Low Fat Dairy Lowers Stroke Risk

Strokes less likely with lower fat dairy consumption

April 19, 2012 / Author:  / Reviewed by: Robert Carlson, M.D

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(dailyRx News) Do you regularly drink a glass of low-fat milk, or snack on low-fat cheese or yogurt? If so, you might be giving yourself the benefit of a lower risk of stroke.

As compared to individuals who eat full-fat dairy products such as whole milk, those who regularly opt for the lower fat variety are receiving added protection from stroke.

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Susanna Larsson, PhD, the study’s first author and associate professor of epidemiology in the Division of Nutritional Epidemiology, National Institute of Environmental Medicine, at the Karolinska Institute in Sweden, noted that the study was the largest yet to examine the association between stroke and dairy products with varying levels of fat.

Larsson emphasized that if individuals eat more low-fat dairy foods instead of ones high in fat, they will benefit from a reduced risk of stroke, and other positive health outcomes.

During the study researchers followed nearly 75,000 adults between the ages of 45 and 83. At the beginning of the study none of the participants had cancer or heart disease, and none had experienced a stroke. Patients completed a 96-item food and beverage questionnaire to determine their dietary habits, including how often they consumed particular drinks and foods.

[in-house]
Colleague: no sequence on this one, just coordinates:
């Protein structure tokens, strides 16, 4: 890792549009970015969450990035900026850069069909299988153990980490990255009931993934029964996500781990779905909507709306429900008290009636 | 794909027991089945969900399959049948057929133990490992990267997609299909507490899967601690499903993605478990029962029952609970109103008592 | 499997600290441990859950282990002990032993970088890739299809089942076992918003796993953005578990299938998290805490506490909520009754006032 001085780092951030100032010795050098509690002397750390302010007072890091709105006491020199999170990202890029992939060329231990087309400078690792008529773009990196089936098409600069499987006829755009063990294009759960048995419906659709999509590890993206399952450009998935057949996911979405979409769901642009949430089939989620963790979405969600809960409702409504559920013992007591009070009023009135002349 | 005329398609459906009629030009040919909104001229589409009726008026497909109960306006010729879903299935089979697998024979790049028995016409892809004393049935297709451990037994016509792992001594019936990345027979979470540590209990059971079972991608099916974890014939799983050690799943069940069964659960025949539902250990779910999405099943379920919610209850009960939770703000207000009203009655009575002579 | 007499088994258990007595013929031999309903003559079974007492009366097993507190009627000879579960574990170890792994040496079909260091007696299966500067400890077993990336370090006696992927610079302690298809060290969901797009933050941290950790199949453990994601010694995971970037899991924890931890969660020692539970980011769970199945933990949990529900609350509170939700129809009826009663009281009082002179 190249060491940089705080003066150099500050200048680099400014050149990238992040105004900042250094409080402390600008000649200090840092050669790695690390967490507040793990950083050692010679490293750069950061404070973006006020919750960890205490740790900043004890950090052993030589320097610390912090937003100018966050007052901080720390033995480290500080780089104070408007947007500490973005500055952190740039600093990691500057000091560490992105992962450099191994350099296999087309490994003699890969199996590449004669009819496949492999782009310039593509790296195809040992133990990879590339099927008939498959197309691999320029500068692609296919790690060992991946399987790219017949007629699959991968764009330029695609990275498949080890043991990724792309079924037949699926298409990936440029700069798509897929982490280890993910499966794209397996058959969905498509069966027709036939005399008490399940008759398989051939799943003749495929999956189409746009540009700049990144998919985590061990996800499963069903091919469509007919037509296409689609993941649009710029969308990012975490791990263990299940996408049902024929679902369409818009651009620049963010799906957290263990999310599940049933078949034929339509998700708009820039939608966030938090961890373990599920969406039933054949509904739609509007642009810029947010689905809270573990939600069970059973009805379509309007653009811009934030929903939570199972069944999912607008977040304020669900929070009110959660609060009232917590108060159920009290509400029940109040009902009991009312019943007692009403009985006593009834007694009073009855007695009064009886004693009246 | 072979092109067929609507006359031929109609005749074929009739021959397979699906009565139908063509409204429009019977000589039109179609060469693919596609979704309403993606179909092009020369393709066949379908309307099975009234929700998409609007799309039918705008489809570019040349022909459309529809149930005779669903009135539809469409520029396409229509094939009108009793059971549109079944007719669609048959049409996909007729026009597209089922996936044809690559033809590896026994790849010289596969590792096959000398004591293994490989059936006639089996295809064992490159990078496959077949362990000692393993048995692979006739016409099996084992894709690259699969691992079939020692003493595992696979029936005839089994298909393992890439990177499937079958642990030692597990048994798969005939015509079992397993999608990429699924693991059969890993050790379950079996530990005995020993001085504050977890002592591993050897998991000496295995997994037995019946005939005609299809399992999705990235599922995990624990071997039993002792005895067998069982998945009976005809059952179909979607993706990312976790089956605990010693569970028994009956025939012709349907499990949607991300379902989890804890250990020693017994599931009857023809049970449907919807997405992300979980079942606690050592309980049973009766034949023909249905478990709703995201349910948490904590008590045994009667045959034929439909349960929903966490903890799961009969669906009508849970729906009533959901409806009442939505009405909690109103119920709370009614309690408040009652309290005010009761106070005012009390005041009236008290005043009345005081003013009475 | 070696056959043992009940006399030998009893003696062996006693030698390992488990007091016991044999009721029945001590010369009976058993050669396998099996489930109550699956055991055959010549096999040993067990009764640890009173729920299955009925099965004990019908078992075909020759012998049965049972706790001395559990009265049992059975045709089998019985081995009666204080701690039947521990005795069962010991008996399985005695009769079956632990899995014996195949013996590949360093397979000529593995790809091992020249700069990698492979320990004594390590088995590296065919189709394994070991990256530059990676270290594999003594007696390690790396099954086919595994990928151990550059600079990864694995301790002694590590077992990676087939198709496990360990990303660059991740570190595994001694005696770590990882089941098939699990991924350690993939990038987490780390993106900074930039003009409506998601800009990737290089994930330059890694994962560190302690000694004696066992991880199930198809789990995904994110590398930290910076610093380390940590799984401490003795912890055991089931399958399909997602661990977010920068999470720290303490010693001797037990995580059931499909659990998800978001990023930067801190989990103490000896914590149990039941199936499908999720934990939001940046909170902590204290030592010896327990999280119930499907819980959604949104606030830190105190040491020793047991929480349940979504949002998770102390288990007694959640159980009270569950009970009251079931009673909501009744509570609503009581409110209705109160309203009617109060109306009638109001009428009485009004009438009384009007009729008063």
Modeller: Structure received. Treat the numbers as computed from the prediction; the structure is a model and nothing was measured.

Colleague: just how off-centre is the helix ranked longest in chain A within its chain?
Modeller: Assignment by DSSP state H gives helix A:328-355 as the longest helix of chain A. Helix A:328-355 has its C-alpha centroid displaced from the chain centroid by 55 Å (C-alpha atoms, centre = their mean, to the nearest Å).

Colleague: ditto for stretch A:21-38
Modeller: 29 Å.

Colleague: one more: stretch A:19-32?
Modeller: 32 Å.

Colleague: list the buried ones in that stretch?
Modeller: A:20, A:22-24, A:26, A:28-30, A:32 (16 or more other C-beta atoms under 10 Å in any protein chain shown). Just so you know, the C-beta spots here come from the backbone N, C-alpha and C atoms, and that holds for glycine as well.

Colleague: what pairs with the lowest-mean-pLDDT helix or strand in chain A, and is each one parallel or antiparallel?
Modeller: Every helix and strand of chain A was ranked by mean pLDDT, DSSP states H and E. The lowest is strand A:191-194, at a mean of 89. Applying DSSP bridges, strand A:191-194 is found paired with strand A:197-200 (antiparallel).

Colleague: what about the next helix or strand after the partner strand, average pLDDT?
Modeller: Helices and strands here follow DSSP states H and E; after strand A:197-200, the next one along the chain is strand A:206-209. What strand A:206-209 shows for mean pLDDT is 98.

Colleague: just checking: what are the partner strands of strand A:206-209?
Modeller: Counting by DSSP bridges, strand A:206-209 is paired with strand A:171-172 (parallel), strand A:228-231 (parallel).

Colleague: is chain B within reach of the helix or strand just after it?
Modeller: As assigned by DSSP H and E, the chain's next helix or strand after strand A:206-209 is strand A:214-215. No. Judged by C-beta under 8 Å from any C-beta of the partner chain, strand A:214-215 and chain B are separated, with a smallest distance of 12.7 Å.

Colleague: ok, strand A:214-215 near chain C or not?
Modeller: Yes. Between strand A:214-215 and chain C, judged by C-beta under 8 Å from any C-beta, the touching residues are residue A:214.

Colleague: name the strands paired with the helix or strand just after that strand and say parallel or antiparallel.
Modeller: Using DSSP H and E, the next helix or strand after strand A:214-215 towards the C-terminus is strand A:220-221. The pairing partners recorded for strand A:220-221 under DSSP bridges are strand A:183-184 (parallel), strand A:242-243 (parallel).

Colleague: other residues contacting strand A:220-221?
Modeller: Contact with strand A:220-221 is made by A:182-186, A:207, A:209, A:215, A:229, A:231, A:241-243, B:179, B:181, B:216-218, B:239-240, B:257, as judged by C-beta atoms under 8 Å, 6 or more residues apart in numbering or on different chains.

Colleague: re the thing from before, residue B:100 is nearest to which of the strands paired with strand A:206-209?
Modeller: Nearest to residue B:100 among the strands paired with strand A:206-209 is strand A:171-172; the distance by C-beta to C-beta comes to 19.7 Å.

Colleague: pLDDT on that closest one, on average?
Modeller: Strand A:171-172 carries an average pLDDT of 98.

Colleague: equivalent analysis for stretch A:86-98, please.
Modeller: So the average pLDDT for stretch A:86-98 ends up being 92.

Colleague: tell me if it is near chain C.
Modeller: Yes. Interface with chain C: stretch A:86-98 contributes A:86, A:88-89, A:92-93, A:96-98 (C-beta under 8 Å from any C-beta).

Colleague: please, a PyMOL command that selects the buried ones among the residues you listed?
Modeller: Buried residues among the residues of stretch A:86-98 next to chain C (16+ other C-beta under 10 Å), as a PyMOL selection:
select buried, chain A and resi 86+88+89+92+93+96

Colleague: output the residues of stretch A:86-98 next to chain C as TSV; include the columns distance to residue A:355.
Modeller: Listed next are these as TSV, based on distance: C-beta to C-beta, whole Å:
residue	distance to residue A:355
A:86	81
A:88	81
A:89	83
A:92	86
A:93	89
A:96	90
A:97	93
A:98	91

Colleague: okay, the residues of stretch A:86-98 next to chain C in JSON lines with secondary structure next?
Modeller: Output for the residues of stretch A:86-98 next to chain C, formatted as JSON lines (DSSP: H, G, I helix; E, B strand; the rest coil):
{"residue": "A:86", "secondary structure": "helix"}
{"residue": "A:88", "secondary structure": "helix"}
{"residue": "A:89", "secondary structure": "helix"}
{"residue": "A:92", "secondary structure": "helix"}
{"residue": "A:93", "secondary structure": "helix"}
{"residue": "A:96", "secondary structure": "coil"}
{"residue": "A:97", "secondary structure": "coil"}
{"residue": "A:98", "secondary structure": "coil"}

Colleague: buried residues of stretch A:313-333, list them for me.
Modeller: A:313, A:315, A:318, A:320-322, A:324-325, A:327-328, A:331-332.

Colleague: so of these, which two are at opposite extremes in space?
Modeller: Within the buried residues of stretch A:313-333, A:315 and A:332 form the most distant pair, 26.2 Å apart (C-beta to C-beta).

During the 10-year follow up period, 4,089 strokes were documented. Of those, 3,159 were ischemic strokes, 583 were hemorrhagic strokes and 347 were an unspecified type.

After analyzing the data investigators found that men and women who ate low-fat dairy foods had a 12 percent lower risk of stroke overall, and a 13 percent reduced chance of an ischemic stroke as compared to those who consumed high-fat dairy products.

Researchers suggest the benefits of low-fat dairy products likely comes from the vitamins and minerals, including calcium, potassium, magnesium and vitamin D. The vitamin D may, in part, lower the risk of stroke by reducing blood pressure, which is a major stroke risk factor, Larsson said.

The study was recently published in the American Heart Association’s journal Stroke.

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Review Date: 
April 15, 2012
Last Updated:
April 19, 2012